It was early October in 2020, after I watched a new episode of The Daily Show with Trevor Noah, that I realized the story about fire in California had really changed. A late-night comedian, Noah summed up in about 10 minutes the effects of climate change, fire suppression, and cultural and prescribed burns in California, more or less accurately. I thought to myself, “If the information Bay Nature has been reporting on for the last 15 years about fire is now on national late-night television, it’s time to tell the next part of the story.”
The 2020 fire season combined with the 2021 drought and snowpack conditions have changed California, and the Newsom administration’s historic 2021 proposed budget is testament to a new era. By the time this issue of Bay Nature hits mailboxes, the budget will likely have been approved. It prioritizes addressing climate change, especially wildfire, with an $11.8 billion investment over multiple years. State Secretary for Environmental Protection Jared Blumenfeld called the proposed budget “an inflection-point for California,” and “a day many have been waiting for.”
Roughly $2 billion of the proposed budget is devoted to wildfires, with a combined emphasis on protecting lives and buildings during wildfire season, and looking toward future prevention. At least $70 million will pay for controlled fires on public lands, and $20 million will support cultural burns by California tribes. It’s safe to say that a meaningful next part of the story is controlled fire—fires intentionally set by people to manage the land. These fires, as well as wildfires, will increasingly become an aspect of life in California and how we experience nature—the air, water, and landscapes.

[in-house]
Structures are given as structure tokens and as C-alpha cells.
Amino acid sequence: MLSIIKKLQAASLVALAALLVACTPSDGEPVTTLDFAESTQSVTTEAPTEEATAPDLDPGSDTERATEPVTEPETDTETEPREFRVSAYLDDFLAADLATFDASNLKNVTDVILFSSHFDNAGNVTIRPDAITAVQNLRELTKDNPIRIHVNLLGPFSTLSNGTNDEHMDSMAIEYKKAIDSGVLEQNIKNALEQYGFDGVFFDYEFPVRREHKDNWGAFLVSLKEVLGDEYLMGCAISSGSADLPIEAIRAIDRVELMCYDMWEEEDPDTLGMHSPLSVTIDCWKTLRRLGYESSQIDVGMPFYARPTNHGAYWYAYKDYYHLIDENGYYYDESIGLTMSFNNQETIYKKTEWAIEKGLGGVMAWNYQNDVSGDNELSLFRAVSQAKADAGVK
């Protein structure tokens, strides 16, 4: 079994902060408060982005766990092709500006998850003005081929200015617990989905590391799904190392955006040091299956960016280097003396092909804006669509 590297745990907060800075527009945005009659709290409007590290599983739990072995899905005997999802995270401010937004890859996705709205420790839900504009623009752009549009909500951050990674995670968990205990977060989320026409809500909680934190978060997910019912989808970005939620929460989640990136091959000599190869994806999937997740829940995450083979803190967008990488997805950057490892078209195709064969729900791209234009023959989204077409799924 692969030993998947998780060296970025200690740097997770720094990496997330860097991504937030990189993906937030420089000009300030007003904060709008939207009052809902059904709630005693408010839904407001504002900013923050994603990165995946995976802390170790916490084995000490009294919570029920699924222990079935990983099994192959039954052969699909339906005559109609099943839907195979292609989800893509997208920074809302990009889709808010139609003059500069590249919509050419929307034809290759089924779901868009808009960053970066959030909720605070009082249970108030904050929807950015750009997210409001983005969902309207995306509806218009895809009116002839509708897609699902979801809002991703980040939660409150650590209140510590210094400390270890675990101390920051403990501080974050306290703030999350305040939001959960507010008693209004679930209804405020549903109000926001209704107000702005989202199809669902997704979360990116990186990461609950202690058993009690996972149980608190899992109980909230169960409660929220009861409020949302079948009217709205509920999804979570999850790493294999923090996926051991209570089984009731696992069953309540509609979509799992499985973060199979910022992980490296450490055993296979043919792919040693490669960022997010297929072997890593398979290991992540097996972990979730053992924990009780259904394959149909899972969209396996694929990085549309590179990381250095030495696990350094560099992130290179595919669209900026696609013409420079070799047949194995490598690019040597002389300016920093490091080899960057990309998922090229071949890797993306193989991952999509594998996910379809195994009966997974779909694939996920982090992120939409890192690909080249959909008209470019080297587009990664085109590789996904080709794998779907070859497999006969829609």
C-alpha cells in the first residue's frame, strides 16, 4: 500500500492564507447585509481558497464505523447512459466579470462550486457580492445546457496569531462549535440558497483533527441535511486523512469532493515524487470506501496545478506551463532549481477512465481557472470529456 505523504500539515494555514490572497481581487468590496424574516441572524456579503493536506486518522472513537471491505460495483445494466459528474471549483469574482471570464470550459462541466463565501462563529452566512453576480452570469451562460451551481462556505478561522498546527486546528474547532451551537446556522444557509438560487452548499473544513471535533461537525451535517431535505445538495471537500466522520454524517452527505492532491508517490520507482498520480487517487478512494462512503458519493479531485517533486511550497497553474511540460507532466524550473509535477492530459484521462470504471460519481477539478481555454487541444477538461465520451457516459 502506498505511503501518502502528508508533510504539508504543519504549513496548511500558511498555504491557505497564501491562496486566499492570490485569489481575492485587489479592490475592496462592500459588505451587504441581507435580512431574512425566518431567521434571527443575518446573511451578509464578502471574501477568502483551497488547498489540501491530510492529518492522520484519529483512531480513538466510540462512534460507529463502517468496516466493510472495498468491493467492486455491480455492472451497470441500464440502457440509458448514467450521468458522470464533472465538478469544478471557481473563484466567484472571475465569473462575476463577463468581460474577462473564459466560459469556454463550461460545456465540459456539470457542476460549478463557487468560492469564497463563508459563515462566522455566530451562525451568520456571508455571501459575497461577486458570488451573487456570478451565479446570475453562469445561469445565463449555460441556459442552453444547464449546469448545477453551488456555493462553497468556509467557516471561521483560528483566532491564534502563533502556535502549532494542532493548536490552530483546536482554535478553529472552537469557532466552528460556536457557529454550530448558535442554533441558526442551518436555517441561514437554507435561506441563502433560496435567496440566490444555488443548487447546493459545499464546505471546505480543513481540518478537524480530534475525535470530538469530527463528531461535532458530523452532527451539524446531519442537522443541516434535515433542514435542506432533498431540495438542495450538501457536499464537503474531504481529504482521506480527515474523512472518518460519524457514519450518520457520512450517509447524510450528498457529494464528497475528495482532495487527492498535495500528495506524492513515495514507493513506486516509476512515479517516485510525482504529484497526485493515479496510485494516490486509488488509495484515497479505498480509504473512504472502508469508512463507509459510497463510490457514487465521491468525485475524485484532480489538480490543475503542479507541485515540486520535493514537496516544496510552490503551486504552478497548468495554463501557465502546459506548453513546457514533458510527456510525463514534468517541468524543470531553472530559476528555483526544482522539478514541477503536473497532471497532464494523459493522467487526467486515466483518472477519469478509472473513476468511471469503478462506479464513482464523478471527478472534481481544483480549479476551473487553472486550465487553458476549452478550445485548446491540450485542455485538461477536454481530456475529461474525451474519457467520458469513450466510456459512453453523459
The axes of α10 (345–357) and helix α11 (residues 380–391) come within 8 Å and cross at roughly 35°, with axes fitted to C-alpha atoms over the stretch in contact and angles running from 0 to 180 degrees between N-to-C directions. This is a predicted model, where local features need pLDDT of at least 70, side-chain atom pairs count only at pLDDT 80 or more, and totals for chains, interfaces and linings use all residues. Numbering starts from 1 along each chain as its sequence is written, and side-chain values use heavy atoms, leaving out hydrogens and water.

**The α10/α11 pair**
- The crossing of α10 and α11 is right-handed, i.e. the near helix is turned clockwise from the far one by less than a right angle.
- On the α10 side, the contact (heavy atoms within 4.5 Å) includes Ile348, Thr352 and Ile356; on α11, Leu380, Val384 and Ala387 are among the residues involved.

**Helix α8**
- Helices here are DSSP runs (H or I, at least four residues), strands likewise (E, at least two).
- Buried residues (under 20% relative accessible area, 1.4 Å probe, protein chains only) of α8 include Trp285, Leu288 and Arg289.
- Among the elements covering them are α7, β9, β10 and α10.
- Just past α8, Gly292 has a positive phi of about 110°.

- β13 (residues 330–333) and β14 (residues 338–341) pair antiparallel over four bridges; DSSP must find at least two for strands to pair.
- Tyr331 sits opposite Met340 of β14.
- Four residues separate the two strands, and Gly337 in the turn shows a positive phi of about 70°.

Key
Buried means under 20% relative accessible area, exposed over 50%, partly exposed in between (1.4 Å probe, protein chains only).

This issue of Bay Nature explores living with fire in the Bay Area and is the first themed edition in the magazine’s history. Every story considers the impacts of fire on our relationship to nature. Reporter Mukta Patil examines the future of controlled burns and a new culture around fire in the Bay Area. Plains Miwok and pyrogeographer Don Hankins writes on choosing the kind of smoke we live with. We answer often-asked questions about the impacts of fire on wildlife with two stories: Marissa Ortega-Welch reports on long-term camera-trap research, and James Reddick highlights a new network of veterinarians treating wildlife injured during blazes. And there are stories on learning to see regrowth and resilience in burned landscapes.
We’ve devoted these 48 pages to imagining life in the Bay Area as one that includes smoke in the air, but not the toxic wildfire plumes of the last four years; burned landscapes that we know and love, but not incinerated to a point of no return; and a manageable, nuanced understanding of fire that does not dictate our lives, but improves them. It’s time we start to consider that new life, the next part of the story.